NEW YORK (Reuters Health) – In a 2-year study comparing different diets, low-carbohydrate and Mediterranean diets proved to be as safe and at least as effective as a low-fat diet in achieving weight loss.
The favorable effects of the low-carbohydrate diet on body fats and of the Mediterranean diet on blood sugar levels suggest that consideration of personal preferences and metabolic factors could be used to tailor a diet to the individual, Dr. Iris Shai and colleagues report in The New England Journal of Medicine.
The study was conducted with the assistance of a dietitian in a workplace setting in Israel between July 2005 and June 2007. The 322 study participants were 86 percent male, had an average age of 52 and most were obese. Forty-six subjects were diabetic and 118 had coronary heart disease.
The low-fat diet restricted calories to 1500 per day for women and 1800 per day for men, with up to 30 percent of calories obtained from fat.
The Mediterranean diet was rich in vegetables and low in red meat, with the same calorie restrictions as in the low-fat diet and up to 35 percent of calories from fat, including olive oil and about half a dozen nuts – less than 20 grams per day.
The low-carbohydrate diet did not restrict calories and allowed 20 grams of carbohydrates per day during the first 2 months and after holidays, increasing to a maximum of 120 grams per day.
“Although participants actually decreased their total daily calories consumed by a similar amount, net weight loss from the low-fat diet after 2 years was only 6.5 pounds (2.9 kg) compared to 10 pounds (4.4 kg) on the Mediterranean diet, and 10.3 pounds (4.7 kg) on the low-carbohydrate diet,” Shai from Ben-Gurion University of the Negev in Beer-Sheva told Reuters Health. “These weight reduction rates are comparable to results from physician-prescribed weight loss medications.”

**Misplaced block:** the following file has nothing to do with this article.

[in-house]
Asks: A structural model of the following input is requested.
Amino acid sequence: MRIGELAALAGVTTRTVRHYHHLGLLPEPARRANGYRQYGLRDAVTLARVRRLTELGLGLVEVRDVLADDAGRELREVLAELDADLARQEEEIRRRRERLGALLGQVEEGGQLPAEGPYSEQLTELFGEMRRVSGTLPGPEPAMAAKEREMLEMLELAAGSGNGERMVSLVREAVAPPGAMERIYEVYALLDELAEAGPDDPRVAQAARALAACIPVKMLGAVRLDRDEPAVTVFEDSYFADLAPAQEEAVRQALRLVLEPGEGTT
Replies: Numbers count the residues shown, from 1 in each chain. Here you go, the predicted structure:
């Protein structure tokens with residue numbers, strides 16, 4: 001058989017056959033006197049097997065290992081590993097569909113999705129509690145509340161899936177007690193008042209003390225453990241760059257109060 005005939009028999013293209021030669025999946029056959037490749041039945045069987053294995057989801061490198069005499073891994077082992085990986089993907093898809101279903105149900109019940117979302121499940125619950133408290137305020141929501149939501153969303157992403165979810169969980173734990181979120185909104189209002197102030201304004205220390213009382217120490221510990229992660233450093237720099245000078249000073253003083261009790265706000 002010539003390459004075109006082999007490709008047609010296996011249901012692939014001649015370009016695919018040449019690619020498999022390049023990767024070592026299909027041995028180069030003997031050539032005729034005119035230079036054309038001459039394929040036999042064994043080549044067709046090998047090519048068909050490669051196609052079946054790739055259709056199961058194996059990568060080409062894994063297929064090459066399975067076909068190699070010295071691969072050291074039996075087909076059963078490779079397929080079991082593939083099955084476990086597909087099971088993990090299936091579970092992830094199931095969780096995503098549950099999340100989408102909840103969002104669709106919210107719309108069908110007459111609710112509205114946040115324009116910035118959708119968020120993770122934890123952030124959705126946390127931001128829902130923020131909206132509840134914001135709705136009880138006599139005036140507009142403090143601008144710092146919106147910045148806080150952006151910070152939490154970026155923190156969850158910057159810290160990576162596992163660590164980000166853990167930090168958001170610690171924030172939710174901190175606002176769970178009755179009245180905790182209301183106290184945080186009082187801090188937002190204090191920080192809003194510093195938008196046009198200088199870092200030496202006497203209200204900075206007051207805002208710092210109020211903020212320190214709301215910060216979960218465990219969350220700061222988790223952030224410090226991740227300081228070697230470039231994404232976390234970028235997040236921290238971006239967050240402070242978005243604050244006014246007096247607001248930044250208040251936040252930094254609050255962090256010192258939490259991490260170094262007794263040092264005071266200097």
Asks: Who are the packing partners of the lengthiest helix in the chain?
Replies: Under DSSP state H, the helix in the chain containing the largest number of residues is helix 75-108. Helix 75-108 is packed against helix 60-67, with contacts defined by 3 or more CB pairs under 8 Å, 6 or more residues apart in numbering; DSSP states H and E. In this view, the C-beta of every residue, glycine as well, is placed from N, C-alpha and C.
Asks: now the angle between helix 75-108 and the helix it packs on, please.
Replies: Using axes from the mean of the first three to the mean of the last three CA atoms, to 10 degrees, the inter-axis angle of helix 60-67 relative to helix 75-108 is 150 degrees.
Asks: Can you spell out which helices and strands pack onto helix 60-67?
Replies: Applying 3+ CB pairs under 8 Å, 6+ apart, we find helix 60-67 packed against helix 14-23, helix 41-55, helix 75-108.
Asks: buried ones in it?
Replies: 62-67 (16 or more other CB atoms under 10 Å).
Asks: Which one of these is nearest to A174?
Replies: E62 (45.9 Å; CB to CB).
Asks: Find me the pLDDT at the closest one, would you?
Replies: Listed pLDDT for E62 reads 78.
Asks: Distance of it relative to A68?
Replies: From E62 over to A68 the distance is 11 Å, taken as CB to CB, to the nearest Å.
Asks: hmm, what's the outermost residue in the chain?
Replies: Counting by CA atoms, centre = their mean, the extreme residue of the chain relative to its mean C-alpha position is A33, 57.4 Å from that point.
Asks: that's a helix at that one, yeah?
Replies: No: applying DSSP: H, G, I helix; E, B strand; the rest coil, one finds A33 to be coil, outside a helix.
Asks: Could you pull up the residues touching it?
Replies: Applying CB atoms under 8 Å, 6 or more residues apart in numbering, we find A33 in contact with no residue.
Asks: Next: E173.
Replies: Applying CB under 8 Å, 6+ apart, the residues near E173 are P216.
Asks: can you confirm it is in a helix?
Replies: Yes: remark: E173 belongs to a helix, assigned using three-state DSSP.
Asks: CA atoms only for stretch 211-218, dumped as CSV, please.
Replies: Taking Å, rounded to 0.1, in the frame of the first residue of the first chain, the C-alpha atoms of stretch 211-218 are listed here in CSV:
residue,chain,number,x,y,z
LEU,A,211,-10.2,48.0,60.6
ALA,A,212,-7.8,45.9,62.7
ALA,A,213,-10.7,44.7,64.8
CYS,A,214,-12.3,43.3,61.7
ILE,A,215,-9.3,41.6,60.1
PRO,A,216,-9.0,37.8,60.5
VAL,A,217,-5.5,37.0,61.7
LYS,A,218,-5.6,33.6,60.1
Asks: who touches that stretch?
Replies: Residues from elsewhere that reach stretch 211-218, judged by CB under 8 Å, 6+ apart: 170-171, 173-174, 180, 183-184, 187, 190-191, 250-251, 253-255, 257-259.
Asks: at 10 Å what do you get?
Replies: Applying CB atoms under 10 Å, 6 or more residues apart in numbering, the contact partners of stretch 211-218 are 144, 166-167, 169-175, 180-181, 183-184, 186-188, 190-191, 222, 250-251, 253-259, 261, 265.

The maximum weight reduction occurred within 6 months, followed by a partial rebound and then a plateau. Other health-related factors, including blood pressure, physical activity, and biomarkers for cardiovascular and liver disease continued to improve throughout the 2-year trial. “This suggests that a healthy diet has beneficial effects beyond weight loss,” Shai said.
The greatest improvements in lipid levels occurred with the low-carbohydrate diet, whereas the most favorable changes in fasting blood sugar and insulin levels among diabetics were associated with the Mediterranean diet.
“Clearly, one diet doesn’t fit all,” Shai noted.
To identify the diet that is likely to work best for individual patients, she recommends that, after describing the regimens, “physicians should ask questions regarding individual preferences (e.g., whether they have a hard time in counting calories and can try counting carbs), diet history (failures), and metabolic goals.”
“Whatever the choice is, the patient should stick with his or her own diet strategy and continue to be followed” by their health care provider or dietitian.
SOURCE: The New England Journal of Medicine, July 17, 2008.